WASHINGTON — Women who get plenty of vitamin D, especially early in life, are less likely to develop breast cancer than women who get smaller amounts of the vitamin, according to data from two studies presented at the annual meeting of the American Association for Cancer Research.
Julia Knight, Ph.D., of Mount Sinai Hospital in Toronto, and her colleagues conducted a case-control, population-based study of women aged 20–59 years from a Canadian cancer registry and the surrounding community. They identified 971 cases of breast cancer and 1,135 controls and asked the women about lifetime sun exposure and dietary vitamin D.
Logistic regression analyses adjusted for variables including age, ethnicity, age at menarche, age at first pregnancy, duration of breast-feeding, and family history of breast cancer.
Overall, participating in any outdoor work at any point in life resulted in about a 40% reduction in breast cancer risk (odds ratio 0.60). Participation in at least six types of outdoor activities at ages 10–19 years and at least five types of outdoor activities at ages 20–29 years reduced the risk by about 35%. Outdoor activities did not have to involve physical activity, Dr. Knight noted. However, the risk reduction was not as robust in women who reported that they had kept their arms and legs covered outside.
In addition, drinking at least nine glasses of milk per week at ages 20–29 years was significantly associated with reductions in breast cancer risk, as was the regular consumption of cod liver oil for at least 10 years.
“In general, most women drank more milk when they were younger,” Dr. Knight said. Vitamin D exposure during breast development or prior to pregnancy may be particularly important in preventing breast cancer later on, she added.
The evidence for the protective role of vitamin D appeared to weaken with age. By ages 45–54 years, there was some evidence of reduced risk associated with outdoor activity, but it was no longer significant, although the risk was no longer affected by whether the arms and legs were covered.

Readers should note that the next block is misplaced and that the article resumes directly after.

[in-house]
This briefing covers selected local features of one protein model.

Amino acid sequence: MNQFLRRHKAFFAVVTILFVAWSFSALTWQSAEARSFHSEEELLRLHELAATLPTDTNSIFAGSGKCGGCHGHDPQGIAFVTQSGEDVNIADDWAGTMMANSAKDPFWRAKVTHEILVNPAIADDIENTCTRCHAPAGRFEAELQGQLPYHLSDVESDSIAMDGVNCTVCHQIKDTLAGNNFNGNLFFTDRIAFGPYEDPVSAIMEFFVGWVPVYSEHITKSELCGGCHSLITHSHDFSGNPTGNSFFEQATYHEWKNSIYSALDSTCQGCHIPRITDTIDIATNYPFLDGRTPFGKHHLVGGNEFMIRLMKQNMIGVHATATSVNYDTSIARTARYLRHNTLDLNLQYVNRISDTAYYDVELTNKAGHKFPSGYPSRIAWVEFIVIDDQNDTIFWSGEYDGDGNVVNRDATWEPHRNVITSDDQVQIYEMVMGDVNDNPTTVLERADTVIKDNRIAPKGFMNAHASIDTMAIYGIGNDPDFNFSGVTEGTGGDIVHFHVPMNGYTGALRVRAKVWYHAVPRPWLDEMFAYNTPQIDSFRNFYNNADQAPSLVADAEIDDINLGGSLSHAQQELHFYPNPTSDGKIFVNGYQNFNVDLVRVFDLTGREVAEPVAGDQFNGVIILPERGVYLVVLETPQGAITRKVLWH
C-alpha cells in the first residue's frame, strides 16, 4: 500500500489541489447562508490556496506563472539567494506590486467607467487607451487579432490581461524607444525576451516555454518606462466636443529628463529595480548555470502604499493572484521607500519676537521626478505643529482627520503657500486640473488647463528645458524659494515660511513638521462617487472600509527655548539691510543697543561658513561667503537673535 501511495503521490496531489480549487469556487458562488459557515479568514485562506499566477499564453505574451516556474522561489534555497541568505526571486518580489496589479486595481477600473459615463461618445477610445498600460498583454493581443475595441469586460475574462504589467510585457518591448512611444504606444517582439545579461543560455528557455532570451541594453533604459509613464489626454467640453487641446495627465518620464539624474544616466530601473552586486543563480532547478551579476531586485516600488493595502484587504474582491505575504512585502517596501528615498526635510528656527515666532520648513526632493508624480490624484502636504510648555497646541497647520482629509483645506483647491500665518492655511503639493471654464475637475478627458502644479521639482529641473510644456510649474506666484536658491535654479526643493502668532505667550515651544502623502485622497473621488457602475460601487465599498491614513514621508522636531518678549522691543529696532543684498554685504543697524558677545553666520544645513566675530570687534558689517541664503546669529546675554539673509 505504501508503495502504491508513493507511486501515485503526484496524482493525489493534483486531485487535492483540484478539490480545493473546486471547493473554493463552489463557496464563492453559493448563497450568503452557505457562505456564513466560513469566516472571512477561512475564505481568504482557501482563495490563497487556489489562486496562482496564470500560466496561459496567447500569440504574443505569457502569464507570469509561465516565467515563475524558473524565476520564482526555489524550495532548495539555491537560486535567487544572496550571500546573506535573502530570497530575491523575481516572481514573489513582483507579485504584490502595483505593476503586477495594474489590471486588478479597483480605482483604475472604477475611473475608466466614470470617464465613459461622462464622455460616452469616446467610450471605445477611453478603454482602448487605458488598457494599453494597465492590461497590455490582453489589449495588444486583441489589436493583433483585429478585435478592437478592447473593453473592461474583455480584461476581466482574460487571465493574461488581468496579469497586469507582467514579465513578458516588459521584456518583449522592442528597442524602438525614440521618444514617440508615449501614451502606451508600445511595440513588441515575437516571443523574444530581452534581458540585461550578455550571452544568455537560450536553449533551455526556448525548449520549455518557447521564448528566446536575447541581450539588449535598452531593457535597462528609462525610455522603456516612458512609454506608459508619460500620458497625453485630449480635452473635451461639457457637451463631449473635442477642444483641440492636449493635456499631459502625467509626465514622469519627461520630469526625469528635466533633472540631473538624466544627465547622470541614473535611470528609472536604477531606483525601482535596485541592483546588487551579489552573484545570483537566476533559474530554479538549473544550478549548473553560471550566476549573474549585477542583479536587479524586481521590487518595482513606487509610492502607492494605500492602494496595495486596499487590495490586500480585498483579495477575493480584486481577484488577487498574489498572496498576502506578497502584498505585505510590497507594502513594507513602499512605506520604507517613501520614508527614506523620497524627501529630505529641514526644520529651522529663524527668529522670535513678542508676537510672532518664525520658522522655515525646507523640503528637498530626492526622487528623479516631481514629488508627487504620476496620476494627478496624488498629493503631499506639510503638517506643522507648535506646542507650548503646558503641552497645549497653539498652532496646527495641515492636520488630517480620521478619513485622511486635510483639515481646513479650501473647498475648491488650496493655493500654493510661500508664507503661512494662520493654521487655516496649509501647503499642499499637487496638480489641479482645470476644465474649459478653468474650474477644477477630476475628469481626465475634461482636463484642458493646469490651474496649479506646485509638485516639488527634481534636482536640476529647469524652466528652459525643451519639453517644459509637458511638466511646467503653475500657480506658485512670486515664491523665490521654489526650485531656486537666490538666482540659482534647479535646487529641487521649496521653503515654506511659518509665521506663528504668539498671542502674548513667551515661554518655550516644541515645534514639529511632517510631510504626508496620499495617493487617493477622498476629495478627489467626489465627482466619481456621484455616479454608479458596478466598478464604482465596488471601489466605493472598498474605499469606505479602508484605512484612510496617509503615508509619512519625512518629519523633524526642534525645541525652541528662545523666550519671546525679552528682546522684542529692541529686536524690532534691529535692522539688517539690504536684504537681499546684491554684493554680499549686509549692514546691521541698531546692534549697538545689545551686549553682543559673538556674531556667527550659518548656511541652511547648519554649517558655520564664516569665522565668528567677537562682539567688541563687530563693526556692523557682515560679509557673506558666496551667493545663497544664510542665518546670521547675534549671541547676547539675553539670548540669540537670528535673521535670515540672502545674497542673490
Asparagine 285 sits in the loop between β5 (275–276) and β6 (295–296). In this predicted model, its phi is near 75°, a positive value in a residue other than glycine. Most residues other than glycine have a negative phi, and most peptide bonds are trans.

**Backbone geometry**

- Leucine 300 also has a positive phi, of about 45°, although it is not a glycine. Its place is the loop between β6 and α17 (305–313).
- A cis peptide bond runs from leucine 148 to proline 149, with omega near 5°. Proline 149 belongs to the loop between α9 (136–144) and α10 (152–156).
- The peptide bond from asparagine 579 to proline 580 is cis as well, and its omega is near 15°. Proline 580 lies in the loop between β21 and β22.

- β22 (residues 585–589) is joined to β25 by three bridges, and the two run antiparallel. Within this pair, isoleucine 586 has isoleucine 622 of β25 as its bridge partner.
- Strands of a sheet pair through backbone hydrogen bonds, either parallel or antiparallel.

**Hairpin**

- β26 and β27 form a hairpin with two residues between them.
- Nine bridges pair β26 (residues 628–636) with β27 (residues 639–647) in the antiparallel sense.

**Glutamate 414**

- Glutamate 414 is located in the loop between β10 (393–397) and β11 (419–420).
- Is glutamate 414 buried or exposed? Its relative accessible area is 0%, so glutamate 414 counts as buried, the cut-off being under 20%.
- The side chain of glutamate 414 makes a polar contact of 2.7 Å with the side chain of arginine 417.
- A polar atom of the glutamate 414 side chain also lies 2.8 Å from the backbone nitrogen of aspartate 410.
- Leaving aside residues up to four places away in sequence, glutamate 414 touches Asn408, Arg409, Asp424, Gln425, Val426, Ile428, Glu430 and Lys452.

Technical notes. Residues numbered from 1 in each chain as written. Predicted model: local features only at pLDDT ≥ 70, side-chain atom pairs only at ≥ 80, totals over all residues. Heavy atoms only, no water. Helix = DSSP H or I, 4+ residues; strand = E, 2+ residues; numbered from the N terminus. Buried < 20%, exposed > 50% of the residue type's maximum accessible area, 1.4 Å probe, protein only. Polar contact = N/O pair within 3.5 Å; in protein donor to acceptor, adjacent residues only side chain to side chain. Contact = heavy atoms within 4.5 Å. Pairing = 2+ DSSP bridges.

When asked about the role of vitamin D supplements, Dr. Knight admitted that supplements of any sort complicate the picture. “The problem with supplements is that there tends to be a reduced risk in anyone who takes any kind of vitamin supplements, whether they include vitamin D or not,” she said. People who take supplements tend to have other characteristics of a healthy lifestyle, she said.
“We did ask about sunscreen. We are still analyzing that because it is complicated, since sunblock use has only become common in the last 20 years,” she said.
Increasing the levels of serum vitamin D in the body, regardless of age, may reduce the risk of breast cancer, according to a second study presented at the meeting by Cedric F. Garland, Dr.P.H., of the University of California, San Diego.
Dr. Garland and his associates reviewed data on a total of 1,760 women in two studies. In the first, a serum 25-hydroxyvitamin D (25[OH]D) level of 35 ng/mL was associated with a 20% drop in breast cancer risk (Cancer Epidemiol. Biomarkers Prev. 2005;14:1991–7).
A second study of 179 women with breast cancer and 179 controls showed that as vitamin D levels in the blood increased, the risk of breast cancer decreased. Women with 25-(OH)D levels less than 50 ng/mL were six times more likely to develop breast cancer than those with levels greater than 50 ng/mL (Eur. J. Cancer 2005;41:1164–9).
Dr. Garland chose these two studies because 25 (OH) D has been shown to vary with geography. Death rates from breast cancer could be as much as three times higher in the Northeast, compared with the Southwest, because of reduced vitamin D intake from sunlight, he noted.
Based on these studies, “if we can get women up to 20–22 ng/mL of serum vitamin D, we could expect a 20% reduction in breast cancer risk. We think this is a good aim,” Dr. Garland said. Levels closer to 52 ng/mL—which are common among some women in sunny areas such as California—would be even better, he noted. Some women in the Northeast have vitamin D levels of about 15 ng/mL, and some women have levels so low that they are barely detectable, he added.
A vitamin D intake of 2,000 IU/day has been associated with vitamin D levels of 32 ng/mL. That intake is well above the average consumption of most American women, but below the upper limit of 2,400 IU that is currently recommended by the National Academy of Sciences. But even 1,000 IU/day may produce a vitamin D level of about 22 ng/mL.